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Things to Do in Venezuela

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Galipán

For a taste of rural life in Venezuela, a visit to the sleepy mountain village of Galipán offers a stark contrast to bustling Caracas, despite being just 15km north of the city. Perched on the mountainside at 1870 meters, Galipán is best reached by 4WD, either direct from the city or in combination with a ride on the Caracas cable car, and it’s a jaw-droppingly scenic drive, serving up magnificent views of the city below.

Established by the first settlers from the Canary Islands, the village is now home to a small community of around 2,500 inhabitants and welcomes a steady stream of tourists from Caracas. Visitors can stroll the village streets and admire the church, school and central plaza, all built into the mountainside; tuck into regional specialties at a local restaurant; or browse the many roadside stalls, selling traditional handicrafts, fresh strawberries and cream, and homemade jams, juices and sweets.

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El Ávila National Park

Stretching along the Caribbean coast north of Caracas, El Ávila National Park serves as a natural playground for city dwellers and has been preserved as a national park since 1958. Dominated by the Cordillera de la Costa mountain range, the park’s rugged mountains, dense forests and cloud forests harbor a huge variety of plant and animal species. Over 100 butterfly species and 500 bird species can be found in the park, including several endemic to Venezuela, as well as over 180 orchid varieties, among them Venezuela’s national flower, Cattleya Mossiae.

The easiest way to visit El Ávila is by riding the Caracas cable car, which links the city with the villages atop El Ávila mountain and reaches a height of 2,135 meters (7,005 ft). From there, the best way to get around is to take a 4WD to villages like Galipán, or make the most of the vast network of hiking trails.

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Dunas Water Park (Parque Dunas)

Cool off under the tropical sun at one of largest water and amusement parks in Venezuela. Dunas Water Park (Parque Dunas) is a popular summertime attraction for families offering both a water park with water slides, a beach, a lazy river and a surf slide—and a traditional amusement park with rollercoasters, ziplines, miniature golf, an arcade and more. Young children can play in the infant zone, while the whole family can make the rounds together on the skating rink, and there’s a train that travels around the park. There’s also food and drink available at the on-site café and pizzeria.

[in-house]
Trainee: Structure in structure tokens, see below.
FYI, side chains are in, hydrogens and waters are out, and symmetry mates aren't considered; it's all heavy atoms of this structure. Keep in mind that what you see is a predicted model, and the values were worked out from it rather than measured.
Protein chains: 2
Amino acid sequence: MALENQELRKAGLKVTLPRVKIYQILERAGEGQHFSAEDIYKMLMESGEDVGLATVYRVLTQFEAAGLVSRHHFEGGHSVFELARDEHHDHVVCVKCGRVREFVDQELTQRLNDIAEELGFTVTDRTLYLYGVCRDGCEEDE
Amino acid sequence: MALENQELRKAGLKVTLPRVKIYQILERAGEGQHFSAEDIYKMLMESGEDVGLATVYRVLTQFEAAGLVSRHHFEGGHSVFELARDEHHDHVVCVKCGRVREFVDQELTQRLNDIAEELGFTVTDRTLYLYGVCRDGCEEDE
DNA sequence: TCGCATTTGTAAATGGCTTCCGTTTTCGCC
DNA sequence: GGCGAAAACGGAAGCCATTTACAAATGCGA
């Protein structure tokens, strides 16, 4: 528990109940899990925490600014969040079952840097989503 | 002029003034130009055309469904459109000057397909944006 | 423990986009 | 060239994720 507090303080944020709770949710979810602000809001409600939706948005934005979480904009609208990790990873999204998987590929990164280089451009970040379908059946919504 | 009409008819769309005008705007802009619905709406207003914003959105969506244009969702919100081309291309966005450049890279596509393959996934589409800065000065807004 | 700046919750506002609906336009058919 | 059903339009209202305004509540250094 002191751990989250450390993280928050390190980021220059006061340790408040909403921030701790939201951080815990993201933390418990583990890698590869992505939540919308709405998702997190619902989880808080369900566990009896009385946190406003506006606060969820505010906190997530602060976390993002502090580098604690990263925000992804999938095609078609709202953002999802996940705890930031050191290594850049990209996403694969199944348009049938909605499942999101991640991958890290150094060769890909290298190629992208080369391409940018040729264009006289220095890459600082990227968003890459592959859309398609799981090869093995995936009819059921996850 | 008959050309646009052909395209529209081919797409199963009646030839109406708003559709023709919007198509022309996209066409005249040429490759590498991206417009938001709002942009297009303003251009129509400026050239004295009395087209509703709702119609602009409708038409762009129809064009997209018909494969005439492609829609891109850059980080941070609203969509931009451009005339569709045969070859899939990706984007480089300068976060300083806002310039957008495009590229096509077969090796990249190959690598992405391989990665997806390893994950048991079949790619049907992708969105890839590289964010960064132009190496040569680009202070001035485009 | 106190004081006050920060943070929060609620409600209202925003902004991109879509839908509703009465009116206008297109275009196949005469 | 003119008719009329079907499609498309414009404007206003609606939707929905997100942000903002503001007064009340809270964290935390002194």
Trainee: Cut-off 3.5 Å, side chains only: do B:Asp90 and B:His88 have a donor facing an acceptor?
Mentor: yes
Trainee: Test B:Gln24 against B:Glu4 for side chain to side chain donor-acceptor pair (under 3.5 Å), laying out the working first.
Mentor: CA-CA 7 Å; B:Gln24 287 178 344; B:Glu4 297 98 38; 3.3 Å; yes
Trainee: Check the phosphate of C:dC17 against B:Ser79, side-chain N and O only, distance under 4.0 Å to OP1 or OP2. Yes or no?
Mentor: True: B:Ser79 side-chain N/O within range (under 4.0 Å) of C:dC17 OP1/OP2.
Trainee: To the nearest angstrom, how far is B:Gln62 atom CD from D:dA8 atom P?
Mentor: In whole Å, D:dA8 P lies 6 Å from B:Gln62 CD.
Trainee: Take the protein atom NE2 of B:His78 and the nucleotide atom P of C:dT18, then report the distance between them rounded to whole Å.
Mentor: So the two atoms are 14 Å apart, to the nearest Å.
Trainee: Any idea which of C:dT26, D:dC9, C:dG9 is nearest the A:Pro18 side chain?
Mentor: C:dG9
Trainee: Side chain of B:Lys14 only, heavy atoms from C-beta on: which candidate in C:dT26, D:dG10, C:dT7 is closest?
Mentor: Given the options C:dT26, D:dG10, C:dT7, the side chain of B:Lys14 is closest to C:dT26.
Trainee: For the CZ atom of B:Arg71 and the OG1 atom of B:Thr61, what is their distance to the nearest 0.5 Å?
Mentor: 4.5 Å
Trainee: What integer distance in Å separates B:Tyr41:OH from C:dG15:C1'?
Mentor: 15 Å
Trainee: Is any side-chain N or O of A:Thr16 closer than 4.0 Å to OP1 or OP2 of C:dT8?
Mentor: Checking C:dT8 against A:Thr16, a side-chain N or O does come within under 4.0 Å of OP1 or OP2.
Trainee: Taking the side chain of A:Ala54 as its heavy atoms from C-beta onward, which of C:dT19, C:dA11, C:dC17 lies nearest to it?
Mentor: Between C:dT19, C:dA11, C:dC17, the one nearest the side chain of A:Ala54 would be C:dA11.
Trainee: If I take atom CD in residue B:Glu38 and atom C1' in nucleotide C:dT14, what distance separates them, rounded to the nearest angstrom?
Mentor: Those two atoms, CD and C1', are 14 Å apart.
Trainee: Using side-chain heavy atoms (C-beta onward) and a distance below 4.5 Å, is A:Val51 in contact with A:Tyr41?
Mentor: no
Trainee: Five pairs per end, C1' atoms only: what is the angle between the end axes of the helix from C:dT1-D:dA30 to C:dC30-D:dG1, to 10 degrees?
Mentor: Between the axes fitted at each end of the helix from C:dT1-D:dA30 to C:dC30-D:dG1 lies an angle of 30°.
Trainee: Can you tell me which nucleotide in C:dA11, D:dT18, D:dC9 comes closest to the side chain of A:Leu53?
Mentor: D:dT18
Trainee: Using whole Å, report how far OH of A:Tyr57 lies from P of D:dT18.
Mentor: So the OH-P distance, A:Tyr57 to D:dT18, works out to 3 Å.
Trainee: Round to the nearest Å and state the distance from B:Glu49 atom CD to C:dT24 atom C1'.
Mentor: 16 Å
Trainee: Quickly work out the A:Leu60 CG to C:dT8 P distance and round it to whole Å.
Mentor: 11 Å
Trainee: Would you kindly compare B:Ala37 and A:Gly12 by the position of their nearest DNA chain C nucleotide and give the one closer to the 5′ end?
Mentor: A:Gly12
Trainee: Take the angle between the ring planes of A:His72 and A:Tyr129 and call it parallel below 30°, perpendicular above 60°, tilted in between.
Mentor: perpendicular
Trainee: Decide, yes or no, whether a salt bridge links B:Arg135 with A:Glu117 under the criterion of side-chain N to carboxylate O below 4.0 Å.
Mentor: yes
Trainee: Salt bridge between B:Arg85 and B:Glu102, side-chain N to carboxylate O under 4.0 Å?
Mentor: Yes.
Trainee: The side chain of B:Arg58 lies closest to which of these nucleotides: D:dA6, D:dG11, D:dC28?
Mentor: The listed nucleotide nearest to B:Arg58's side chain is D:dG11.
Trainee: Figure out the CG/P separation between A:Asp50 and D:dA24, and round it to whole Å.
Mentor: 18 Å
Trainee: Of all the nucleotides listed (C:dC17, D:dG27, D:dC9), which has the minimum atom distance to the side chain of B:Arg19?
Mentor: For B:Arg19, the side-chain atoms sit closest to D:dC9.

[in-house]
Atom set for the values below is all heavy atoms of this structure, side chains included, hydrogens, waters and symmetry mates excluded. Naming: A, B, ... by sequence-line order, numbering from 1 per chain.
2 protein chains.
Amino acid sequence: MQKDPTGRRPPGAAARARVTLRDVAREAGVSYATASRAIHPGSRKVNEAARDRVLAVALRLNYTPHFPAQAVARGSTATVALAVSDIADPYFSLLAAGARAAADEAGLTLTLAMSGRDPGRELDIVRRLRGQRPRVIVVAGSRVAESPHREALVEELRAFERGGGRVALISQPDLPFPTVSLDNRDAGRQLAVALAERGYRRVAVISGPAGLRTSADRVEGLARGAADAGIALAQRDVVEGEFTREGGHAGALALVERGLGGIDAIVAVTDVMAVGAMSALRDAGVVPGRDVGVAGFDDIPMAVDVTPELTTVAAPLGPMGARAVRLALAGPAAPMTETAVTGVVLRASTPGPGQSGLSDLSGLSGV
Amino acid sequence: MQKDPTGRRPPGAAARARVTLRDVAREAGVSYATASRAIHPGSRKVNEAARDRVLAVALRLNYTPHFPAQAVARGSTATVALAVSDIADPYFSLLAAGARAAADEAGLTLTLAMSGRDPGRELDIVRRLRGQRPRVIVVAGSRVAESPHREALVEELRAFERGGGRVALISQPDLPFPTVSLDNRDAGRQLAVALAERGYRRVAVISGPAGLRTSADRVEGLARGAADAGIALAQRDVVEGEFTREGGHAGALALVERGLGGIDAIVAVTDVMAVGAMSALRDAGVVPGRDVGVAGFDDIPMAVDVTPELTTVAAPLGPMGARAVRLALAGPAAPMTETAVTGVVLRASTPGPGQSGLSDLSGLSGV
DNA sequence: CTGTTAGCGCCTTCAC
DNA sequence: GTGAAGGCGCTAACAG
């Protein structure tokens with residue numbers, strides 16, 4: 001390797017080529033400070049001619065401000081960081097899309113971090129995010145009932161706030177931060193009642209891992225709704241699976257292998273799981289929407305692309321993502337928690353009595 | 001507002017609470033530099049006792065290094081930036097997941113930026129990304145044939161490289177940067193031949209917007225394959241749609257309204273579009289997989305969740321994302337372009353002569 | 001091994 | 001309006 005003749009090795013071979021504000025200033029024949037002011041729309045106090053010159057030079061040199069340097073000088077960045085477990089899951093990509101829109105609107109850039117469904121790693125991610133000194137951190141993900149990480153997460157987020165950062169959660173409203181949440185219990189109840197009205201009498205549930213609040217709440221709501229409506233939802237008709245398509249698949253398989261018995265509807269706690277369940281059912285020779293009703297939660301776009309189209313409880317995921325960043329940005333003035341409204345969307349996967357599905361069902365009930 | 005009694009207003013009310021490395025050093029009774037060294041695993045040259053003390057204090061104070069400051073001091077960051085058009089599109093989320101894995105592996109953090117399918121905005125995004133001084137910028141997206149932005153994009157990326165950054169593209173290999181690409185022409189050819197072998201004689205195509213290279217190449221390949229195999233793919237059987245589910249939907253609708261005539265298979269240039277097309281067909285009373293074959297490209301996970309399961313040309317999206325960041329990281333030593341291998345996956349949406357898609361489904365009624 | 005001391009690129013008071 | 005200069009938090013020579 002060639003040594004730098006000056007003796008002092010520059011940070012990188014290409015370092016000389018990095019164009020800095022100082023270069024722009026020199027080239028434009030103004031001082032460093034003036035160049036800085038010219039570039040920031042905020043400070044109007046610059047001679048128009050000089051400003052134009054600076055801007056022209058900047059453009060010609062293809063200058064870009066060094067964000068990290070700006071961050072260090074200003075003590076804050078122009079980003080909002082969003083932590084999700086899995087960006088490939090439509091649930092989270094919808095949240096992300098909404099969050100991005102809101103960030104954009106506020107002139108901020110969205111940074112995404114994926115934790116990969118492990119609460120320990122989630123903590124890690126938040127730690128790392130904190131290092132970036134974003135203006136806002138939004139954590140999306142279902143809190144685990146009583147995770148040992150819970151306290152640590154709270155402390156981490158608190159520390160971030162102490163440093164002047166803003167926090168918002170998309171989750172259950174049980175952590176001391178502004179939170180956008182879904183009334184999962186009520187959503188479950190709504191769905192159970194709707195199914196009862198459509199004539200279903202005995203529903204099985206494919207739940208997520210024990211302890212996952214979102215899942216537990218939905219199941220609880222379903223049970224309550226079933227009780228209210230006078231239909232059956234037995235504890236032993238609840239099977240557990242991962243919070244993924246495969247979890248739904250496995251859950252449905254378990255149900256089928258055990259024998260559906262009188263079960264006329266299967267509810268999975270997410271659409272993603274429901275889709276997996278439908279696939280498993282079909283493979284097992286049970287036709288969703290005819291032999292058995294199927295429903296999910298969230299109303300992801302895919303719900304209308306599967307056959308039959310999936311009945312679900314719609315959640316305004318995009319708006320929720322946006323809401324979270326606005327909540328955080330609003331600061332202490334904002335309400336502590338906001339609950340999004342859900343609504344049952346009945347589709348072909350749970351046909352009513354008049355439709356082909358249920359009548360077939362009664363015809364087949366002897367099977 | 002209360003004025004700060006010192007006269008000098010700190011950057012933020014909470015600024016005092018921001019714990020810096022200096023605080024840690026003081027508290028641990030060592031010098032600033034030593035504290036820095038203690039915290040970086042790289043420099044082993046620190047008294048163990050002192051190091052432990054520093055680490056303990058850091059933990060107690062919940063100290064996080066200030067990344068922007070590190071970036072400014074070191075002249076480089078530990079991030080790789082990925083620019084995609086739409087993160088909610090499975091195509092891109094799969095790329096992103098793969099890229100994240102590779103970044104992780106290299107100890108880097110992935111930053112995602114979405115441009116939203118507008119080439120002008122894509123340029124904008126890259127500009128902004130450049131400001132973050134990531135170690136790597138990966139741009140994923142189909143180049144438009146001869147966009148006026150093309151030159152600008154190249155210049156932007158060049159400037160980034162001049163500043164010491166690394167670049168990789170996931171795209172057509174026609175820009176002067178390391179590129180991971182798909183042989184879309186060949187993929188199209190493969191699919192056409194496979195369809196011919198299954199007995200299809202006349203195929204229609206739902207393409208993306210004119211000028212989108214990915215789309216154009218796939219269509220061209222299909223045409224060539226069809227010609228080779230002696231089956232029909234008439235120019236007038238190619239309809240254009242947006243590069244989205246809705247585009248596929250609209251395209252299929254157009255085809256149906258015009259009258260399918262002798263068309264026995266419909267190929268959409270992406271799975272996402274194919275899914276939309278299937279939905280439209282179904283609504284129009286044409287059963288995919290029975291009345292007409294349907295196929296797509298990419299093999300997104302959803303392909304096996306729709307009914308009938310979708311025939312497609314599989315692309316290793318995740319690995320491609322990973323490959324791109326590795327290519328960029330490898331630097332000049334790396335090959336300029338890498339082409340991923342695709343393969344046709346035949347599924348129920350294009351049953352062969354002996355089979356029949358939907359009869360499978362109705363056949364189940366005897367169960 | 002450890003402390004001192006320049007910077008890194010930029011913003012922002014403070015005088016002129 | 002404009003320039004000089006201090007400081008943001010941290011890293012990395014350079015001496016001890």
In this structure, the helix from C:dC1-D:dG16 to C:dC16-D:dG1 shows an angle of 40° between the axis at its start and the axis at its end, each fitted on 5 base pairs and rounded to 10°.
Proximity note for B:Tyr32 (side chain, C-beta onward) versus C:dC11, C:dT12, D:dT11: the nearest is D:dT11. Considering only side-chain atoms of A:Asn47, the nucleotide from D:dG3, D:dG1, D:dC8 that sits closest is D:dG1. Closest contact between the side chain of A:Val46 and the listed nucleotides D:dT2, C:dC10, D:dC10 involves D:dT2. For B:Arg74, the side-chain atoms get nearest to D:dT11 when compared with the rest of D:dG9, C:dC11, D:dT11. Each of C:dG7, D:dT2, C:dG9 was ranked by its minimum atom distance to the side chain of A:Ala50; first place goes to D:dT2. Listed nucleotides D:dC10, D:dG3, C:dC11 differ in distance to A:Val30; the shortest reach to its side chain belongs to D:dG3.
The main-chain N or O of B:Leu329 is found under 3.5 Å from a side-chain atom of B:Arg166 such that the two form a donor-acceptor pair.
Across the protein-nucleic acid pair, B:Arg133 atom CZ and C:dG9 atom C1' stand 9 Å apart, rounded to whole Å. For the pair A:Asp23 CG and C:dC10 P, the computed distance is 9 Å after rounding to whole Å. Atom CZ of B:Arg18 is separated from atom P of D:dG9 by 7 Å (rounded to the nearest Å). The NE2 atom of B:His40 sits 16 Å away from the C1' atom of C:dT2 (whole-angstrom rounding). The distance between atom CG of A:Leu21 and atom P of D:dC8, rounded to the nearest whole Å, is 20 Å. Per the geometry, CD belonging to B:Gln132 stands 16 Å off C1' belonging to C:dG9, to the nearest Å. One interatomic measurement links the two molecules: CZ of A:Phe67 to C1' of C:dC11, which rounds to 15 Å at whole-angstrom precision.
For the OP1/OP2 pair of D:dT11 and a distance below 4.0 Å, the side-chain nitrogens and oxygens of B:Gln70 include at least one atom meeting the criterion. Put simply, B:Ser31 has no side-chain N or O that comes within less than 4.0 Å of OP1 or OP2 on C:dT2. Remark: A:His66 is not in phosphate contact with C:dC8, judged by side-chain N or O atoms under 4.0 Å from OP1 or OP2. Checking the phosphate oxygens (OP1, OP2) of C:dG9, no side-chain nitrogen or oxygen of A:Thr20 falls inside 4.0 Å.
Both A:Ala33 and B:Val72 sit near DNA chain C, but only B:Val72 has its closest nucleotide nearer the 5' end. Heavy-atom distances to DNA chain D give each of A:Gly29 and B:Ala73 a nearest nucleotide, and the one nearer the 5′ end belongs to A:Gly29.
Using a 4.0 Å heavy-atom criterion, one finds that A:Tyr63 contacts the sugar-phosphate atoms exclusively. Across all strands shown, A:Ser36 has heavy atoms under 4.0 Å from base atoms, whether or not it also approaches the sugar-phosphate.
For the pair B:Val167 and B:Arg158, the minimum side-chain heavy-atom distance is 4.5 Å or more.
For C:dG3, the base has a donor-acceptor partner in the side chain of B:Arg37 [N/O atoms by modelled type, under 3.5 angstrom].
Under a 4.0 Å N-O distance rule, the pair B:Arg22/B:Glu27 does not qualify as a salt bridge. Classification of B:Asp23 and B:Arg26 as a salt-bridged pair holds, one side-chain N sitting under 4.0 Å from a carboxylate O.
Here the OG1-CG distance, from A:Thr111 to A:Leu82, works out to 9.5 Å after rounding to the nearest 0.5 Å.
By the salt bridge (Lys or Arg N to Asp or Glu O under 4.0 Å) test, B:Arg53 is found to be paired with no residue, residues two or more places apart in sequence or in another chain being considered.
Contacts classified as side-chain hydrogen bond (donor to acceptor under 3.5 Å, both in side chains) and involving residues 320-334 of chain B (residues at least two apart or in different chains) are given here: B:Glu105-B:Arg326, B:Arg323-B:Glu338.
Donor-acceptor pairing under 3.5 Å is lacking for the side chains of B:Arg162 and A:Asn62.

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Margarita Island Water Park (Parque el Agua Isla de Margarita)

Toboggan down a water slide, float along the Lazy River, splash in Latin America’s biggest wave pool, or relax in a hot tub at Margarita Island Water Park (Parque el Agua Isla de Margarita). Adults and children alike will find plenty to enjoy at Venezuela’s first water park, which sits on a spectacular beachside location.

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Angel Falls

Venezuela's Angel Falls isn't just any waterfall—it's the world's highest uninterrupted waterfall. For scale, imagine Niagara Falls...now multiply that by 15. Angel Falls measures 3,212 feet (979 meters), with the longest single plunge coming in at a lengthy 2,648 feet (807 meters). Set in Venezuela's Guayana Highlands, the massive natural wonder drops over the edge of Auyantepui mountain in the Canaima National Park, a UNESCO World Heritage site. The mountain's mesa (called a Tepui by the natives) is one of more than 100 of its kind in the highlands. The massive table mountains are formed from sandstone and are being continually eroded and changed by the area’s heavy rainfall.

The falls weren’t actually named for any celestial messengers but for a James ('Jimmie') Crawford Angel, an adventurous pilot from Missouri who saw the waterfall while searching for gold in 1933. A few years later, he tried to land his plane there and failed, making an 11­-day trek to civilization and drawing plenty of scientific and tourism interest to the region in the aftermath of his adventure.

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Bolivarian Museum & Birthplace of Simón Bolívar (Museo Bolivariano & Casa Natal)

Housed in an elegant colonial house hidden away in Caracas’ historic quarter, this Simón Bolívar museum is a worthy tribute to one of South America’s most iconic revolutionaries. The striking building has a dual claim to fame, firstly for being among the few remaining colonial-era houses in Caracas and secondly as the birthplace and childhood home of Venezuela's second president and ‘El Libertador’, Simón Bolívar.

Opening its doors to the public in 1921 and listed as a National Monument in 2002, the 17th-century property now houses two of Venezuela's most fascinating museums – the Casa Natal (Birthplace) and the Museo Bolivariano (Bolivarian Museum). The Casa Natal is reconstructed in period style and features an impressive display of Venezuelan artworks, depicting Bolivar and the Venezuelan War of Independence. The adjoining Museo Bolivarianois equally interesting, containing a large collection of memorabilia, personal items and documents, plus military uniforms and weapons, and even the baptismal font in which Bolivar was baptized.

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